TV presenter Ruby Rose has opened up about being severely bullied as a schoolgirl, and even being hospitalised after a particularly serious bashing.
“I absolutely hated school,” Ruby told News.com.au in a revealing story on Sunday. “My life began when high school ended. There were five girls and one boy who picked on me badly… Sometimes they would just come up and punch me in the head, but there was a lot of intimidation.”
Rose attended University High in Melbourne, and when she was 16 ended up in hospital after a particularly nasty bullying incident. “The whole school knew I was going to be beaten up that day, apparently, except me,” said Ruby. “I was at the University Cafe, across the road from school, with three friends. There were about 50 other students there. The gang started by just being rude to me and yelling the usual high-school stuff.”
One of the girls then picked up a metal chair and hit her in the head. “I didn’t see it coming. She was just smashing it against the back of my head. My mates tried to stop her but she kept going until management ran over and said ‘Enough!’. Security arrived and the police. It was a big deal. My head was bleeding. I had to go to hospital.”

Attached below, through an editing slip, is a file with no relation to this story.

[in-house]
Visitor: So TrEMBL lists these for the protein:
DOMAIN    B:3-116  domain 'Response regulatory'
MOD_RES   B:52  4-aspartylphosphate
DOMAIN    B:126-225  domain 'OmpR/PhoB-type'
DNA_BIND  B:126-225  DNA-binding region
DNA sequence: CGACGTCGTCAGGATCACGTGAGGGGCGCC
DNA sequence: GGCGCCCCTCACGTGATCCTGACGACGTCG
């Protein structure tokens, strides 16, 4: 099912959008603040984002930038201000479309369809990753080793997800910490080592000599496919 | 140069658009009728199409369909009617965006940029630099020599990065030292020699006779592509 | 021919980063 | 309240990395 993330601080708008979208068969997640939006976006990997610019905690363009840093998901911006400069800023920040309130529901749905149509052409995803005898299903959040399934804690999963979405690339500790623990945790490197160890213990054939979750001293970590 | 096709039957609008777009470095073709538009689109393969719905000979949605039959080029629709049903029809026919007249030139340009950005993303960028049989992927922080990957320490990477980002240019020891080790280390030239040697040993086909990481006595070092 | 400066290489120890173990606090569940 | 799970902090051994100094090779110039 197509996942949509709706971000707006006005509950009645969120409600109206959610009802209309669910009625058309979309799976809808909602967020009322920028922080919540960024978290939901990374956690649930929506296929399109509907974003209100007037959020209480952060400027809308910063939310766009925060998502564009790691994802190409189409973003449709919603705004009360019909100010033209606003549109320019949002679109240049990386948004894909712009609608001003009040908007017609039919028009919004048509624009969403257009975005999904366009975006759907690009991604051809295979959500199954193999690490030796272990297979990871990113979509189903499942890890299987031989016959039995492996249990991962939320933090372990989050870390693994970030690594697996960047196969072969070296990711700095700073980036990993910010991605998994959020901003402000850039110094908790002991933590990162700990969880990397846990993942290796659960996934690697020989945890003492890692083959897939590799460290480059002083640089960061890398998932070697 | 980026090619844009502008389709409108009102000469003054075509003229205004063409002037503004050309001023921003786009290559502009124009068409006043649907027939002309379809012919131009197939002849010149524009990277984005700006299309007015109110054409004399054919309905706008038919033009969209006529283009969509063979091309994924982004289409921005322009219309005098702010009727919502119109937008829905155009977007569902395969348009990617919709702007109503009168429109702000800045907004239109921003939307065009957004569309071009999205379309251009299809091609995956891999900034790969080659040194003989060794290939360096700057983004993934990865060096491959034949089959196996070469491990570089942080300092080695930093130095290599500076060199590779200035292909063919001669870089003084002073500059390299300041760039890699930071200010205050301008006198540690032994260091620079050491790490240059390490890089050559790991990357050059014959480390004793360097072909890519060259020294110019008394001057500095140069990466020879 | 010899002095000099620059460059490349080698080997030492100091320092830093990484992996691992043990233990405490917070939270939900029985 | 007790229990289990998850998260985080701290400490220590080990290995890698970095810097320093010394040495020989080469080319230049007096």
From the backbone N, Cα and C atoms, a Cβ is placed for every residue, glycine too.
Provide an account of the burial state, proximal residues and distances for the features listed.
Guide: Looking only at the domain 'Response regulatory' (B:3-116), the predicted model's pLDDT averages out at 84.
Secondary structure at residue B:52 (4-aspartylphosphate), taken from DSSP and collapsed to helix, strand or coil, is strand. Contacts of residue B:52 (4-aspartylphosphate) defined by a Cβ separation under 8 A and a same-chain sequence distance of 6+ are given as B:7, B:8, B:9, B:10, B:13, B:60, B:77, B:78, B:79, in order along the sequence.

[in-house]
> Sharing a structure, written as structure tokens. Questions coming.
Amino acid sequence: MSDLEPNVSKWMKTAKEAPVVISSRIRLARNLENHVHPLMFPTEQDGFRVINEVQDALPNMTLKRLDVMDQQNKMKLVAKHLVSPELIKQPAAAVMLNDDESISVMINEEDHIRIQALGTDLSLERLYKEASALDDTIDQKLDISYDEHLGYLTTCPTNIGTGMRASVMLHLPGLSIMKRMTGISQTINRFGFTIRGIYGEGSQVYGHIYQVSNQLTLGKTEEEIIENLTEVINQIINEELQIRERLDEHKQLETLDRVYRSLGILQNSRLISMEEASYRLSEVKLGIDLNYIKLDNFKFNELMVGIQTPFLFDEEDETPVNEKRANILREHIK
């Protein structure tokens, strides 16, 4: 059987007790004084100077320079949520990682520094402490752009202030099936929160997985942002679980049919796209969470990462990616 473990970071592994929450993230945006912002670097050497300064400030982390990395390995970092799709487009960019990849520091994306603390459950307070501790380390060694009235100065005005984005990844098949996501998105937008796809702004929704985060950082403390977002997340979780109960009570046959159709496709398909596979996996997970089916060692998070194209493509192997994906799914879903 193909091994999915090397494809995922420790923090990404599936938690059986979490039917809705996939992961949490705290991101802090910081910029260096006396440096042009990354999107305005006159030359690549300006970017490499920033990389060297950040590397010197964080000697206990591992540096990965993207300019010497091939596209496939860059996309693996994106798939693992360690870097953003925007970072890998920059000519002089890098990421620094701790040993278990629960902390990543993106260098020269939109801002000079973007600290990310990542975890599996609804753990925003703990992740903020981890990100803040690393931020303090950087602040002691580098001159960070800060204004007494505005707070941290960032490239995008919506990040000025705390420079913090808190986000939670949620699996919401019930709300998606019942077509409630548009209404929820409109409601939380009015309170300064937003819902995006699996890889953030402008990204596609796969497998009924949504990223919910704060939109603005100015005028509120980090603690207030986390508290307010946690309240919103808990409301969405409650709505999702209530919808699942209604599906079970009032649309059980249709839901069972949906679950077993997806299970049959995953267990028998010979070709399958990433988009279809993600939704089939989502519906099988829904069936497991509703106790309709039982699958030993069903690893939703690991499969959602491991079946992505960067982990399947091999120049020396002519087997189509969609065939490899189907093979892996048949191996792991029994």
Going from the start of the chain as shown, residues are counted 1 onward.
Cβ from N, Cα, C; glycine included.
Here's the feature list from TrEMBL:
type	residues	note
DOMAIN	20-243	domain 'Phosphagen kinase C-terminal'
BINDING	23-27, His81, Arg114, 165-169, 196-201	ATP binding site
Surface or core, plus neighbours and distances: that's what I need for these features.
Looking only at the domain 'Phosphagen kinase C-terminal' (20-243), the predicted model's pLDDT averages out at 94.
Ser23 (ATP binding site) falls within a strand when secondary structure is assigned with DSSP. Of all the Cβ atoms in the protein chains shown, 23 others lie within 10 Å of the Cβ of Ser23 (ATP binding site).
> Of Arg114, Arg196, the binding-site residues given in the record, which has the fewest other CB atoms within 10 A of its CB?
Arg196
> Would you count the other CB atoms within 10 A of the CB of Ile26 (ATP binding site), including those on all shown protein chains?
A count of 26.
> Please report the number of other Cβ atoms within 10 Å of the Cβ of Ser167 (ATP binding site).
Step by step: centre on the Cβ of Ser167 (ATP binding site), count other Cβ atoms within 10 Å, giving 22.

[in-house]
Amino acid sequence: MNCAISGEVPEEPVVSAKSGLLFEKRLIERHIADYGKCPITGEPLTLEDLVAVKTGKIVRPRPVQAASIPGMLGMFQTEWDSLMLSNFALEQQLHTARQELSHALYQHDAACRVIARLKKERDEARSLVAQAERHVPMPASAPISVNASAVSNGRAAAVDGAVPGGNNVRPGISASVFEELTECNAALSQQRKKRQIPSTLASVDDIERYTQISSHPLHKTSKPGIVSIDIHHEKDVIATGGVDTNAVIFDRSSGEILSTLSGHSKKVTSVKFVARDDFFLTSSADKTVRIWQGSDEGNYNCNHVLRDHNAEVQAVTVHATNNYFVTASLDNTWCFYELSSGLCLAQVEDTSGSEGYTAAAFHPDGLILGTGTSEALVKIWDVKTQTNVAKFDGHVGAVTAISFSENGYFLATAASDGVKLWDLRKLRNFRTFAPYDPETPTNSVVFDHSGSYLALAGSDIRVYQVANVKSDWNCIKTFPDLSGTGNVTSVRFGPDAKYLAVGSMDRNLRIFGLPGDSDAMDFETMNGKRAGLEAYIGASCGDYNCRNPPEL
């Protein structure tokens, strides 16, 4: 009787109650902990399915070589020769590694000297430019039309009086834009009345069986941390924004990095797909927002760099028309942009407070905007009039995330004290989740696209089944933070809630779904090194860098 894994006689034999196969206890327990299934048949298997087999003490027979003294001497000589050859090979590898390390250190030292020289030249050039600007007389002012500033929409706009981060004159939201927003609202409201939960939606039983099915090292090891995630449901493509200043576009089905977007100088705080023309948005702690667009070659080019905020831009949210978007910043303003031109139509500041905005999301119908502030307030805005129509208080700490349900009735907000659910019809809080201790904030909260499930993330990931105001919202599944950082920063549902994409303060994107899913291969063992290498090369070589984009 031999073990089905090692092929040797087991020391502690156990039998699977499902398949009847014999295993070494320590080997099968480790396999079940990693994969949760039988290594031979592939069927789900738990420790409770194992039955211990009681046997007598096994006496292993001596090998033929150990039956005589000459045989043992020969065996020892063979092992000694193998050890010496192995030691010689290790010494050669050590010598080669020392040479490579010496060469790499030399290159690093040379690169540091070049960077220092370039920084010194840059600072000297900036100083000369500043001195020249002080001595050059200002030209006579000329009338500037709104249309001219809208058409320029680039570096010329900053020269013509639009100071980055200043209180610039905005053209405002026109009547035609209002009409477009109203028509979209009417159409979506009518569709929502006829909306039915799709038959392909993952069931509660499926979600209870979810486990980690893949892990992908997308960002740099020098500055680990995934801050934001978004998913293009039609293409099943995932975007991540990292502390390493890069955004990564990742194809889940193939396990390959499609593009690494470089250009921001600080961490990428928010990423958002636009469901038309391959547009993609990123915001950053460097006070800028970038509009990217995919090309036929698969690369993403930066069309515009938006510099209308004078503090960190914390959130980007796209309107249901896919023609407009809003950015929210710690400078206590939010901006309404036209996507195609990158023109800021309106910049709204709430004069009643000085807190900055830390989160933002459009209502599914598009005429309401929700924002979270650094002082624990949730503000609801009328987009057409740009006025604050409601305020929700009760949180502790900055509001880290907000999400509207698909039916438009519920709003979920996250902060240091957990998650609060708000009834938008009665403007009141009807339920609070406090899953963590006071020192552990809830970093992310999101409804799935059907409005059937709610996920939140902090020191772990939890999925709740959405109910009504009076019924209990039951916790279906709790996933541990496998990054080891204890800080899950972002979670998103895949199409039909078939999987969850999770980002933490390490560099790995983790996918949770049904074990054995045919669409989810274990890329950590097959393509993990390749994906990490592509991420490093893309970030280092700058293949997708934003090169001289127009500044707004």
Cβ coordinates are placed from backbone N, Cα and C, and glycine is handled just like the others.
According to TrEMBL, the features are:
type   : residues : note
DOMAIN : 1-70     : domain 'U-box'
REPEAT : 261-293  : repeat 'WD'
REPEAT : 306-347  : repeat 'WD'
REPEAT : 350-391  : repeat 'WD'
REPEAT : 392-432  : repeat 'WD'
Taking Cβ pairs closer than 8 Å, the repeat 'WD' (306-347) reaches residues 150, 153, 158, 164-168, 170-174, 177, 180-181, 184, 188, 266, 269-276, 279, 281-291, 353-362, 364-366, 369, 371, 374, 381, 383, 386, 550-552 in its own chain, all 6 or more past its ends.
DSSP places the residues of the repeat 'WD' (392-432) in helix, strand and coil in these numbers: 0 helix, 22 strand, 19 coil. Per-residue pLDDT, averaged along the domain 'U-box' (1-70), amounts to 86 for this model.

Five girls and one boy were suspended from school over the incident. “I was scarily depressed,” she said. “But I got help. I was lucky, had counselling and was on anti-depressants for a time. I could have turned into an alcoholic, a drug addict or anything at all, but there was always something in me that made me go, ‘I’ll show them.’ I needed to push on – survive them, I suppose.”
Rose believes her sexuality contributed to the abuse, but was not a major factor. “I never knew why. I guess I was just a bit different,” she said. “My mum used to say success is the best revenge, and you know what? It really is.”
Indeed. Recently, during her acceptance speech at the Astra Awards, Ruby hit back at the bullies, saying, “To all those girls who bullied me in high school, where are you now?”
According to ‘Writing Themselves In Again’, the 2005 report into the health and well-being of same sex attracted young Australians, 44% of respondents said that they’d suffered verbal homophobia and 16% reported homophobic physical assault. Verbal abuse included name-calling, insults, threats and rumours, while physical abuse ranged from having clothes and possessions damaged to rape and hospitalisation for injuries.
Unsurprisingly, the most dangerous place for gay youth is school – 74% of all the reported abuse happened there.